Maybe that is why the black ops pilots like us too? Hell if I know. I just wish they'd find a way to put a muffler of some sort on that mother, because she sure is loud as hell. Living so close to the base all my life and having friends there and family that's retired Air Force I've got to check out just about every type of plane the USA has officially got, from the C130(can't believe the amount of cargo space they got in those) to the F4 to the F15. pretty much everything but the Raptor, which I don't think is flying nationally yet. And whatever this new mother is, it is an order of magnitude louder than anything I've seen or heard us fly before. So maybe you're right and it is supersonic not hypersonic. As far as the donuts on a rope I can't remember ever seeing them except on the mornings after the new superbitch flies over.

What I CAN tell you is that mother from the sounds it makes and how quick it passes overhead is FAST and LOUD. Of course after seeing how long they denied the Goblin I doubt any of us will know for decades unless they crash the thing in a populated area. I just hope it ain't that damned loud on the flight deck because if it is I feel sorry for the guys that gotta service that mother.

Re:Signal To Noise Ratio (5, Interesting)

Anonymous Coward | about 5 years ago | (#27546125)

I only skimmed the first couple entries, but it's a fact that:
  1. Henry Paulson, former treasury secretary and key architect of the bailout plan, is a former CEO of Goldman Sachs.
  2. Goldman Sachs has receieved 10 billion in TARP money.
  3. Goldman Sachs has received 12-20 billion in additional monies via the AIG bailout.

The more people who know that the better.

Re:Signal To Noise Ratio (2, Interesting)

Adult film producer (866485) | about 5 years ago | (#27546711)

Throw this one there too... Edward Liddy of AIG (remember him on tv a few weeks ago in front of congress) has a $3 million stake in Goldman Sachs, he quit his job with Goldman before taking the $1/year job with AIG.. and now AIG is funneling billions of taxpayer dollars to Goldman. No conflict of interest there.

Re:Signal To Noise Ratio (0, Offtopic)

unlametheweak (1102159) | about 5 years ago | (#27546155)

This is the same as Alien conspiracies in the 90's - So much bullshit and misinformation, interest eventually peaked, and then most people got bored and forgot about it.

So you're one of those alien conspiracy deniers. It's people like you who make all the evidence look bogus. Nice try. Why don't you admit that you are in cahoots with the aliens?

It would be more interesting if ... (1)

Skapare (16644) | about 5 years ago | (#27545945)

... these bloggers would just not use the name of the company in their domain name. Instead, choose a name that is descriptive of the evil actions. Then merely identify what company is being referred to. And that opens up the ability to reference more than one company, too.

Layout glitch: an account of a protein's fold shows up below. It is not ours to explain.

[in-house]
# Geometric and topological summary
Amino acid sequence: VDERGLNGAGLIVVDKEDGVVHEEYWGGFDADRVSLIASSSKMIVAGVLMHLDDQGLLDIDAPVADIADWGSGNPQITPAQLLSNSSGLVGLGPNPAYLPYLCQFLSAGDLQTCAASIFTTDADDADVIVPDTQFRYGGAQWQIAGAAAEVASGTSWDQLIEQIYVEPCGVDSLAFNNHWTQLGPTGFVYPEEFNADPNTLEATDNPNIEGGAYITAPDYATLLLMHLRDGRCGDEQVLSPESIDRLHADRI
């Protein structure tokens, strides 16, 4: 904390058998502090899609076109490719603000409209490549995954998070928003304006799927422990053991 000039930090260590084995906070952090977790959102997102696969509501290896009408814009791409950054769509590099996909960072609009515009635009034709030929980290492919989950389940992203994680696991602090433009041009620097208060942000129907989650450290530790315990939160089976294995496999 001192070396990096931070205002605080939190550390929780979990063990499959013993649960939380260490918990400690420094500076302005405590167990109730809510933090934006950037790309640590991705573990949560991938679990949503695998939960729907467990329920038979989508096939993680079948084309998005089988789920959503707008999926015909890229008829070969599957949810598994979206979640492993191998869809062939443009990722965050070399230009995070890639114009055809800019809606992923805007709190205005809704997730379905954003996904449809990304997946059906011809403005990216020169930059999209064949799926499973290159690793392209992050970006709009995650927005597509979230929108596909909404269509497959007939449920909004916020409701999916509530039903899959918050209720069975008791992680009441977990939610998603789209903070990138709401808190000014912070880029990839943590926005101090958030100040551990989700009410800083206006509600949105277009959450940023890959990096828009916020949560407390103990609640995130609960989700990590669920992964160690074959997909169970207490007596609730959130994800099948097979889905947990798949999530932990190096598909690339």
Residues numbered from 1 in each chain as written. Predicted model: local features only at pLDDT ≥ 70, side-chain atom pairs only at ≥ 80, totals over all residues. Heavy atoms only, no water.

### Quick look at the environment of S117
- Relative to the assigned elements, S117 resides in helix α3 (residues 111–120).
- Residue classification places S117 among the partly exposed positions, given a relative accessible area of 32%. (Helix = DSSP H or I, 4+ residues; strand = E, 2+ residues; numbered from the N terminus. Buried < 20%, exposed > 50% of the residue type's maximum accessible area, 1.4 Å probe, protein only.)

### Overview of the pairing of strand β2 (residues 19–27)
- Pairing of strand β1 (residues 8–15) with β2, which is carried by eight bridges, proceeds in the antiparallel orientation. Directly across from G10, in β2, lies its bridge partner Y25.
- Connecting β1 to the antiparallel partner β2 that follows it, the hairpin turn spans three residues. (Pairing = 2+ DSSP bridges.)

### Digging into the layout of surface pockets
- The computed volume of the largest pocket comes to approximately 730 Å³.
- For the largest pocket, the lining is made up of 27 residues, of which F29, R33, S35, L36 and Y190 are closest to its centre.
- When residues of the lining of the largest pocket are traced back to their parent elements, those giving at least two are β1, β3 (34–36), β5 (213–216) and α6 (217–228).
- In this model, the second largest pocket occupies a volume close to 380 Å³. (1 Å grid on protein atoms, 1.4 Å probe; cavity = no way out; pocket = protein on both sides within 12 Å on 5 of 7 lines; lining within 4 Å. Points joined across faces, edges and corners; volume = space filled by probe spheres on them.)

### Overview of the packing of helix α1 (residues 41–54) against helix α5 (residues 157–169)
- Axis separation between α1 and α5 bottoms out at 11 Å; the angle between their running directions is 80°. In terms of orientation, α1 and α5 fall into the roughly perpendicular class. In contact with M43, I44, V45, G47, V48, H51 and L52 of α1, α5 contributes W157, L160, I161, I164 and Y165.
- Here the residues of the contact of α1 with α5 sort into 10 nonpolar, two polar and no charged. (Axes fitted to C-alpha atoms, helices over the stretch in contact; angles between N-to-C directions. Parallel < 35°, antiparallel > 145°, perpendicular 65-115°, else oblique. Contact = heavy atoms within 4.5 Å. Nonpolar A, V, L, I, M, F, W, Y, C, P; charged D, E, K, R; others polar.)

bad law (3, Informative)

belmolis (702863) | about 5 years ago | (#27545949)

The C and D letter itself undermines its argument. It notes that Goldmann Sachs owns the trademark "in the financial services market". Trademarks are restricted to particular market segments. The fact that Goldmann Sachs owns that trademark in the financial services market does not prevent others from using the same trademark in other market segments. If you want to start a chain of "Goldmann Sachs Cheeseburgers", you are free to do so. So, not only is GoldmannSachs666 clearly distinct from GoldmannSachs, but since it isn't in the financial services market, it wouldn't infringe even if it weren't distinct.

Re:bad law (1)

Skapare (16644) | about 5 years ago | (#27545979)

That is most certainly a valid defense. But defenses cost money and the big evil corporations know this. It would be better for these gripe bloggers to use a name that gives the evil corporation no opportunity in this regard. Just use a domain name that describes the bad actions and identify the bad actors in the content. Then the first C & D has to be something like "stop saying that" or whatever.

Re:bad law (1)

MichaelSmith (789609) | about 5 years ago | (#27546129)

The C and D letter itself undermines its argument. It notes that Goldmann Sachs owns the trademark "in the financial services market". Trademarks are restricted to particular market segments.

So what market segment is the blogger in? By criticising a company in the financial services segment don't they operate in the same segment?

Re:bad law (1)

belmolis (702863) | about 5 years ago | (#27546167)

He isn't in the financial services market if he isn't offering financial services. Since he isn't selling anything, he isn't really in any market, but if you have to specify one, it is presumably journalism.

Re:bad law (1)

sumdumass (711423) | about 5 years ago | (#27547113)

So if I took out the domain Belmolis22.whatever and criticized your slashdot posts, I would be in a different market?